Bay Ridge is becoming the “Neighborhood of Sold Churches.”
For the second time in two weeks, a church has been sold, as a developer will cough up $1.5 million to buy the property owned by the Salam Arabic Lutheran Church on Ovington Avenue, between Third and Fourth avenues.
The sale of the church was confirmed by John Litke, the director of administration for the Lutheran Synod of New York, who would not name the buyer, leaving conservationists wondering if the building will suffer the same fate of the so-called “Green Church,” located down the block, which was knocked down earlier this year.
“I think it’s terrible for the block and terrible for the community,” said preservationist Victoria Hofmo. “Churches are part of the fabric of the community and knocking them down undermines it. We can’t get them back.”
Over the past few years, a slew of churches in Bay Ridge have either been shut down or sold. In Dec., 2009, the Fort Hamilton Presbyterian Church closed, and last week, the Lutheran synod sold Salem Lutheran Church, at 67th Street near Fourth Avenue, to an international church, St. Matthew’s Church, for $2.65 million.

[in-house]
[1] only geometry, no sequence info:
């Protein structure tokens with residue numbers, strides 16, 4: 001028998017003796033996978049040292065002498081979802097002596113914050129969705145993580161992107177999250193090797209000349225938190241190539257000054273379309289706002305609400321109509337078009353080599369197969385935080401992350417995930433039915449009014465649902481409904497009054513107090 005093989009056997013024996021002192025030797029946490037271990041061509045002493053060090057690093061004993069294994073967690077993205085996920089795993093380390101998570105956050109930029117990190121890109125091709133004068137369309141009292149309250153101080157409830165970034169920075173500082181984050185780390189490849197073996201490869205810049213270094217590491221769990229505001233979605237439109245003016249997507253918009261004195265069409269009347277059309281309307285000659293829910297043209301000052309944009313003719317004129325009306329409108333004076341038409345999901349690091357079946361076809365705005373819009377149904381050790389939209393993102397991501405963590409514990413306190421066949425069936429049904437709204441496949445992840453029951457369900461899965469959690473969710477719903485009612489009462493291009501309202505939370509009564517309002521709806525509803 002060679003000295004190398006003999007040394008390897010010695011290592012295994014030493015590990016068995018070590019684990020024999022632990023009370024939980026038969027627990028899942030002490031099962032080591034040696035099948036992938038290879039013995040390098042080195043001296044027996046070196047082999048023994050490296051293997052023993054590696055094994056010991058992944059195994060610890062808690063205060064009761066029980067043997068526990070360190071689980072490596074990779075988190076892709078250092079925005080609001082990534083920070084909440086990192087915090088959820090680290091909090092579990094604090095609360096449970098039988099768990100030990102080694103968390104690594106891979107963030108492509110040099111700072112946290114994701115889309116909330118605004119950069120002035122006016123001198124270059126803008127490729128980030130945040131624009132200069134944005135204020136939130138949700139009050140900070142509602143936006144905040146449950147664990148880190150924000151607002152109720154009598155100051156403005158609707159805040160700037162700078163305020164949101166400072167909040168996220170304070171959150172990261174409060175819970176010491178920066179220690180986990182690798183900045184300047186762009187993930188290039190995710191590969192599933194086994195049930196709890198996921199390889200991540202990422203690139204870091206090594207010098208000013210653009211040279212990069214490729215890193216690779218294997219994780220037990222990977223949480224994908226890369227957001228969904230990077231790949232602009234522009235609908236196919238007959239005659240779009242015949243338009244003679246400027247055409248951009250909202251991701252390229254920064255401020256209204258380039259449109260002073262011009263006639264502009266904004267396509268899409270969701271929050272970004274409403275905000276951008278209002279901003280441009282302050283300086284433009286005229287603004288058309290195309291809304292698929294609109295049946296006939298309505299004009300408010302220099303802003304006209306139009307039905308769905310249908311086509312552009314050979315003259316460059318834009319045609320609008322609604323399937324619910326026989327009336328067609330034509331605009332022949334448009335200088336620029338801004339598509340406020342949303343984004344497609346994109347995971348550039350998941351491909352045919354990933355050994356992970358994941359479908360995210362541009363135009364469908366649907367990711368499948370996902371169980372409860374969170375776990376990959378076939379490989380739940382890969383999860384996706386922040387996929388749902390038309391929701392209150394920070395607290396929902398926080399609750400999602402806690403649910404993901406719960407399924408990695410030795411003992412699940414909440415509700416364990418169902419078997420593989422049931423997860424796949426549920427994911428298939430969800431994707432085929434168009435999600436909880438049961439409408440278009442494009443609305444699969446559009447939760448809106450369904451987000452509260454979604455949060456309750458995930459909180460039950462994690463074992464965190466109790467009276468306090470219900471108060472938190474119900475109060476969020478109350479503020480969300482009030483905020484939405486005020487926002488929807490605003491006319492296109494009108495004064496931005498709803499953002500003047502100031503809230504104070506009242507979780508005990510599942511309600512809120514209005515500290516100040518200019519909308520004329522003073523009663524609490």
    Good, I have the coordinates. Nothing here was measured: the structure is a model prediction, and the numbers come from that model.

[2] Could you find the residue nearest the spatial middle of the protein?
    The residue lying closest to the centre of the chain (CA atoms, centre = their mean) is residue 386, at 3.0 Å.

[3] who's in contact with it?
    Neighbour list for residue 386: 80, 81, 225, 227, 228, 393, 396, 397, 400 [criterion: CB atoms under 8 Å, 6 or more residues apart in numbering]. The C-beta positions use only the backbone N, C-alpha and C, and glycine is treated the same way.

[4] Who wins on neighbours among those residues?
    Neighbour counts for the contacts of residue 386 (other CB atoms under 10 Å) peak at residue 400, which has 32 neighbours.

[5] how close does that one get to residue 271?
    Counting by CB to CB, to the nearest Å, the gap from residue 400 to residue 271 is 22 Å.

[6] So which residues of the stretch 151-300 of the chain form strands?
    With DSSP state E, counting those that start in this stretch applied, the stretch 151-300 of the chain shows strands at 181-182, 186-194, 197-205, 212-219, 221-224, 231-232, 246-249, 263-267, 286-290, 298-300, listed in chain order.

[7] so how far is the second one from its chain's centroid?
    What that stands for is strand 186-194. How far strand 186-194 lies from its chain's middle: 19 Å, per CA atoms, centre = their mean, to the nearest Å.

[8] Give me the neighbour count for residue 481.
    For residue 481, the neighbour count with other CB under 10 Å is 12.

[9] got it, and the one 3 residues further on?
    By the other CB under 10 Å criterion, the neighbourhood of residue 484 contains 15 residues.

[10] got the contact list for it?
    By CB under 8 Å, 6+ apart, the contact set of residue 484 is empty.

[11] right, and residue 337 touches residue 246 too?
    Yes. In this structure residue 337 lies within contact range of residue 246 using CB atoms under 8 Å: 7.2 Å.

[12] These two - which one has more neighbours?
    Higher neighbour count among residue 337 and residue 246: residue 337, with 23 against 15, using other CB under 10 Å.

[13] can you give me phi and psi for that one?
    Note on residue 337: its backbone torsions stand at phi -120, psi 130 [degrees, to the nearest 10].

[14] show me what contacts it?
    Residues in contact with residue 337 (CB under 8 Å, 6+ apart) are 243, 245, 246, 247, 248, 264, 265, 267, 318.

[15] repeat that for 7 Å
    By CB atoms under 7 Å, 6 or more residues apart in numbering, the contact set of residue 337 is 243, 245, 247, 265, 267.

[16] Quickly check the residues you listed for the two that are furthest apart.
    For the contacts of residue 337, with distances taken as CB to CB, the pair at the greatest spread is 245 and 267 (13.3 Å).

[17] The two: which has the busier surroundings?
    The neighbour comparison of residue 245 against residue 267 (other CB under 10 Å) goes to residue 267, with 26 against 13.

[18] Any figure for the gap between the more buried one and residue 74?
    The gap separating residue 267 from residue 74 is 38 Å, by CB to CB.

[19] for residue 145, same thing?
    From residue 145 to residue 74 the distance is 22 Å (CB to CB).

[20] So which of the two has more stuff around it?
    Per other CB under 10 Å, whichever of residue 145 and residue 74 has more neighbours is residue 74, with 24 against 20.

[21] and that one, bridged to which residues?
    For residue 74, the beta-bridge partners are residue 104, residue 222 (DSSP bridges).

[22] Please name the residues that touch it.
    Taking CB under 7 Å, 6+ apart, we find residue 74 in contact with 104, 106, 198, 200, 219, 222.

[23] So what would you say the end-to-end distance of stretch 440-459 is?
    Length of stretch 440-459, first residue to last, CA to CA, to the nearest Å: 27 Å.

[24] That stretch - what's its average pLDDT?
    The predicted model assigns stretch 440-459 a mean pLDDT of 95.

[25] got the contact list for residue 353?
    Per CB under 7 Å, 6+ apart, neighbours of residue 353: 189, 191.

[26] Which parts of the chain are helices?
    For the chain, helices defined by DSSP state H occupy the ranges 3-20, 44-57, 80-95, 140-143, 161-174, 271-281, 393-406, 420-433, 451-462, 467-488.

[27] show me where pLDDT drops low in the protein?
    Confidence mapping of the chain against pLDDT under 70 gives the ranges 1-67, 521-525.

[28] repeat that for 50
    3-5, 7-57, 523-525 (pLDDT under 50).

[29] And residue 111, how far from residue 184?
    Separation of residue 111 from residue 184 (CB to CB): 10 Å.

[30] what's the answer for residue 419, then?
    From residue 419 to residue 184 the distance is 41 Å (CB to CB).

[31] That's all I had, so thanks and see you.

The Bay Ridge United Methodist Church, fondly known as the Green Church, was demolished by the congregation after it sold the property to a developer for $9.75 million at the height of the housing boom, to make way for luxury condos that were never built.
That site was subsequently sold to the city, which is building a new public school there.
The historic church opened as the Salem Danish Evangelical Lutheran Church in 1942 and was modeled after a church in Copenhagen, Denmark. It’s flock was transferred from the shrinking Danish congregation to the Arabic one in 1995, and the church was subsequently renamed.
Zoning under the Church would allow for a medium-sized apartment building to rise up in its place.
That, however, was not enough to prevent the synod from selling.
The Arabic congregation has financial woes, said the Reverend Khader El-Yateem, the church’s pastor.
“We don’t have enough money to keep the building up,” he said. “We have to think of creative ways we can keep our ministry going.”
The sale, which was approved about two months ago by the Synod, is expected to be concluded in the next few weeks. The congregation’s last service in the old church will be held on Jan. 2; afterwards, the congregation will move a few blocks to share space at Our Saviour’s Lutheran Church, at 80th Street and Fourth Avenue.